In overseas stock markets, India's Sensex rose 0.2% after the Reserve Bank of India raised its benchmark interest rate by a half percentage point to 5.4%.

Japan's Nikkei 225 rose 0.9%, while Germany's DAX fell 0.6%.

___

Veiga reported from Los Angeles.

  • Associated Categories: Associated Press (AP), AP Business, AP Business - Economy, AP Business - Financial Markets
© Copyright 2022 AccessWDUN.com
All rights reserved. This material may not be published, broadcast, rewritten, or redistributed without permission.
Stocks falling as hot jobs data suggests Fed hikes not over
Stocks are swinging lower Friday following a blockbuster report on the U.S. jobs market that suggested the Fed won't soon rein in its aggressive rate hikes
1:03PM ( 6 minutes ago )
Economist: Alex Jones, his company worth up to $270 million
An economist says conspiracy theorist Alex Jones and his company Free Speech Systems are worth up to $270 million
12:55PM ( 15 minutes ago )
More storms bring renewed flood threat in hard-hit Kentucky
Thunderstorms have returned to parts of Kentucky already reeling from devastating floods
12:51PM ( 19 minutes ago )
Associated Press (AP)
Musk countersuit accuses Twitter of fraud
Elon Musk accused Twitter of fraud in a countersuit over his aborted $44 billion deal for the social media company, which he said held back necessary information and misled his team about its true user base
12:24PM ( 46 minutes ago )
US agency probes Tesla crashes that killed 2 motorcyclists
Two crashes involving Teslas apparently running on Autopilot are drawing scrutiny from federal regulators and point to a potential new hazard on U.S. freeways: The partially automated vehicles may not stop for motorcycles
12:08PM ( 1 hour ago )
Amazon to buy vacuum maker iRobot for roughly $1.7B
Amazon on Friday announced it has entered into an agreement to acquire the vacuum cleaner maker iRobot for approximately $1.7 billion
12:06PM ( 1 hour ago )
AP Business
US stocks falling after red-hot jobs report; Warner -15%
Stocks are opening lower on Wall Street Friday following much stronger than expected hiring data from the Labor Department
9:48AM ( 3 hours ago )
US stock futures sink after red-hot jobs report, yields jump
Stocks in the U.S. fell in premarket trading after a hotter-than-expected report on hiring suggested the Federal Reserve will have to stay aggressive in its efforts to fight inflation
9:19AM ( 3 hours ago )
Democrats say they've reached agreement on economic package
Senate Democrats say they have reached an accord on changes to their marquee economic legislation, clearing the major hurdle to pushing one of President Joe Biden’s leading election-year priorities through the chamber in coming days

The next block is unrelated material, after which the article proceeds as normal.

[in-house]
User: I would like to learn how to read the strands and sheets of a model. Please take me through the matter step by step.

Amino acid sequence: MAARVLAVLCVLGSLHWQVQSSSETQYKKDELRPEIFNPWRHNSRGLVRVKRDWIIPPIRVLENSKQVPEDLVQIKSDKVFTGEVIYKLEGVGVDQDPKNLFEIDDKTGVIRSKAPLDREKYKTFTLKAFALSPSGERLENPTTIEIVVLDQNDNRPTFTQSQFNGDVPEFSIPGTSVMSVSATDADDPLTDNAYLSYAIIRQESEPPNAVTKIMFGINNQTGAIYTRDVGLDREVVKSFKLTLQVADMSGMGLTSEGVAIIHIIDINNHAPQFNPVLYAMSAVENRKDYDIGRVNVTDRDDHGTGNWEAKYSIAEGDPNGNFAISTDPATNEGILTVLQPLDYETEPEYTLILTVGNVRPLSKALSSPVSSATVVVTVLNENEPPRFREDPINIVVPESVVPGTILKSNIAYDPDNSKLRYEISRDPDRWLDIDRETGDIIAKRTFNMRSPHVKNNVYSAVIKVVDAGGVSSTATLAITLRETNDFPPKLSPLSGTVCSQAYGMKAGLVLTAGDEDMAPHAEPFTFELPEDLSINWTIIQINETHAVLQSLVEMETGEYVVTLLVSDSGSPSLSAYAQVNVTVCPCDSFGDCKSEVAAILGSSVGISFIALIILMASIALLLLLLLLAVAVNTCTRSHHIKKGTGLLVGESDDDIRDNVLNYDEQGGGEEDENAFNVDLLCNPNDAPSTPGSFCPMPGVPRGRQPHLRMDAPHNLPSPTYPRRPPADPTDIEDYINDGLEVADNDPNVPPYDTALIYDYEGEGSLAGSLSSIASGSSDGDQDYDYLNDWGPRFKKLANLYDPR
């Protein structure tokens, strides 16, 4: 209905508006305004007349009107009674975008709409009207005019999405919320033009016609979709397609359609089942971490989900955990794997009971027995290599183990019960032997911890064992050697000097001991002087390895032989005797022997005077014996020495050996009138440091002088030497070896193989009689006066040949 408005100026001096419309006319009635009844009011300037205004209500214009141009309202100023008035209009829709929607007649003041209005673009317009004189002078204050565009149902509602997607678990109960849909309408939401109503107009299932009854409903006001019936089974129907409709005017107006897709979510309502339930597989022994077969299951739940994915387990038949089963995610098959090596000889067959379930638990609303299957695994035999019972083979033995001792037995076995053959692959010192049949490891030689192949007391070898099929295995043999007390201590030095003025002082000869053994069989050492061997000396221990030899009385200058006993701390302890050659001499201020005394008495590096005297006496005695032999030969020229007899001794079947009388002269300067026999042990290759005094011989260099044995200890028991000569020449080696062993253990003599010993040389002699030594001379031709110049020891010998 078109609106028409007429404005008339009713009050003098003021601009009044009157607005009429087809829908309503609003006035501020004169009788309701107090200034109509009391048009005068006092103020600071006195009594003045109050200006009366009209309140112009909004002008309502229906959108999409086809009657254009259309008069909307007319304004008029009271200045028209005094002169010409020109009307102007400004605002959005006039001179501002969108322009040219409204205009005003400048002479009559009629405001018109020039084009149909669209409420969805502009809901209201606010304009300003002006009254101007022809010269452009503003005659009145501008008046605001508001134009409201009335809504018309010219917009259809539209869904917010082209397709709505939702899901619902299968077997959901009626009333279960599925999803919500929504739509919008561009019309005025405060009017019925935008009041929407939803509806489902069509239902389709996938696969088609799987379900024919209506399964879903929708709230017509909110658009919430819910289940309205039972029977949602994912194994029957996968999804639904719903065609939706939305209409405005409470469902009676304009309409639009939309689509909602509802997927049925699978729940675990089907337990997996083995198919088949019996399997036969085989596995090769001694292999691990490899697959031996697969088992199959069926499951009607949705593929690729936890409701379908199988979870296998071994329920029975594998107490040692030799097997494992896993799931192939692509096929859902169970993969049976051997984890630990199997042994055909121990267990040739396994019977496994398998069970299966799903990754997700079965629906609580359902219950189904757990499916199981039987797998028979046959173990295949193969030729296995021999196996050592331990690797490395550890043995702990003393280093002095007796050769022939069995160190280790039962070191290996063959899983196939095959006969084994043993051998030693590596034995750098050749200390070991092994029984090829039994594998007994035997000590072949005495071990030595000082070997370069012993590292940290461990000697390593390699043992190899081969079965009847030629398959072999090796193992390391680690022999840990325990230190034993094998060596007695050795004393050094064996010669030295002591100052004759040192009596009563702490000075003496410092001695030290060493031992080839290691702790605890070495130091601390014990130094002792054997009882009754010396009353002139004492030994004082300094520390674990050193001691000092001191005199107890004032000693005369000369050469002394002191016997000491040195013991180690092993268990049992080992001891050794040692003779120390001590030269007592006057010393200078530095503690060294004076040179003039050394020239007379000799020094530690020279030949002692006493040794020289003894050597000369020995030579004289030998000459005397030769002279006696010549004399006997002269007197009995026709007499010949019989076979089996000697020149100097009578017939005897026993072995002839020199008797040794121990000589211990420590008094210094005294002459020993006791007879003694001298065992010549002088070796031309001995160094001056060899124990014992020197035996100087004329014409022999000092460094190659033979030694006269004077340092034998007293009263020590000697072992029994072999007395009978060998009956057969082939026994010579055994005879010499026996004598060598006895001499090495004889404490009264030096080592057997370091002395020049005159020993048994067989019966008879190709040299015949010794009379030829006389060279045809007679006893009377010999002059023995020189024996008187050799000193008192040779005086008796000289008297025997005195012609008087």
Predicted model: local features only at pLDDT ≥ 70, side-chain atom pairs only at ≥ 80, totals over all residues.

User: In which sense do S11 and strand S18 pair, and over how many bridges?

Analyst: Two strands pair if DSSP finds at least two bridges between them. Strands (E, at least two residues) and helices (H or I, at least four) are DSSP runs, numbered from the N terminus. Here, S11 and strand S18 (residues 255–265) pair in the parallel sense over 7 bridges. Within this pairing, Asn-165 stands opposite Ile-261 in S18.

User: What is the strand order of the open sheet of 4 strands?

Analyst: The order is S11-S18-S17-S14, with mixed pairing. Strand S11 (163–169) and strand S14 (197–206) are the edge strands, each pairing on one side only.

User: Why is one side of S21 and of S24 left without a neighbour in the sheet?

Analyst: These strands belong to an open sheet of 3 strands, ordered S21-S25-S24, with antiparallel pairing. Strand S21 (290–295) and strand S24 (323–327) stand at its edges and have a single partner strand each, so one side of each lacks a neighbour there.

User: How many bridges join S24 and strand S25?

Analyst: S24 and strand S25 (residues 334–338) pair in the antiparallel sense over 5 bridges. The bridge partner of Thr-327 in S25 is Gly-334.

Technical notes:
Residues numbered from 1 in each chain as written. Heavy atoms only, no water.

8:48AM ( 4 hours ago )
AP Business - Economy
World stock markets mixed ahead of US jobs data
Global stock markets and Wall Street futures are mixed ahead of an update on the health of the U.S. jobs market while the Federal Reserve weighs whether more rate hikes are needed to cool surging inflation
5:24AM ( 7 hours ago )
Asian stock markets rise ahead of US jobs data
Asian stock markets are higher ahead of an update on the health of the U.S. jobs market while the Federal Reserve weighs whether more rate hikes are needed to cool surging inflation
2:12AM ( 10 hours ago )
WNBA's Griner convicted at drug trial, sentenced to 9 years
A judge in Russia convicted American basketball star Brittney Griner of drug possession and smuggling
10:27PM ( 14 hours ago )
AP Business - Financial Markets
Economist: Alex Jones, his company worth up to $270 million
An economist says conspiracy theorist Alex Jones and his company Free Speech Systems are worth up to $270 million
12:55PM ( 15 minutes ago )
More storms bring renewed flood threat in hard-hit Kentucky
Thunderstorms have returned to parts of Kentucky already reeling from devastating floods
12:51PM ( 19 minutes ago )
Hourly workers still have leverage as US hiring booms
As inflation skyrockets, hourly workers keep changing jobs in pursuit of higher wages
12:50PM ( 20 minutes ago )
Israeli strikes on Gaza kill 8, including senior militant
Palestinian officials say Israeli airstrikes on Gaza have killed at least eight people, including a senior militant, and wounded 40 others
12:42PM ( 28 minutes ago )
Doctor critical of lax COVID rules wins Tenn. Dem gov race
A Nashville doctor critical of Republican Gov. Bill Lee's hands-off approach to the COVID-19 pandemic has won the Democratic nomination for governor
12:35PM ( 34 minutes ago )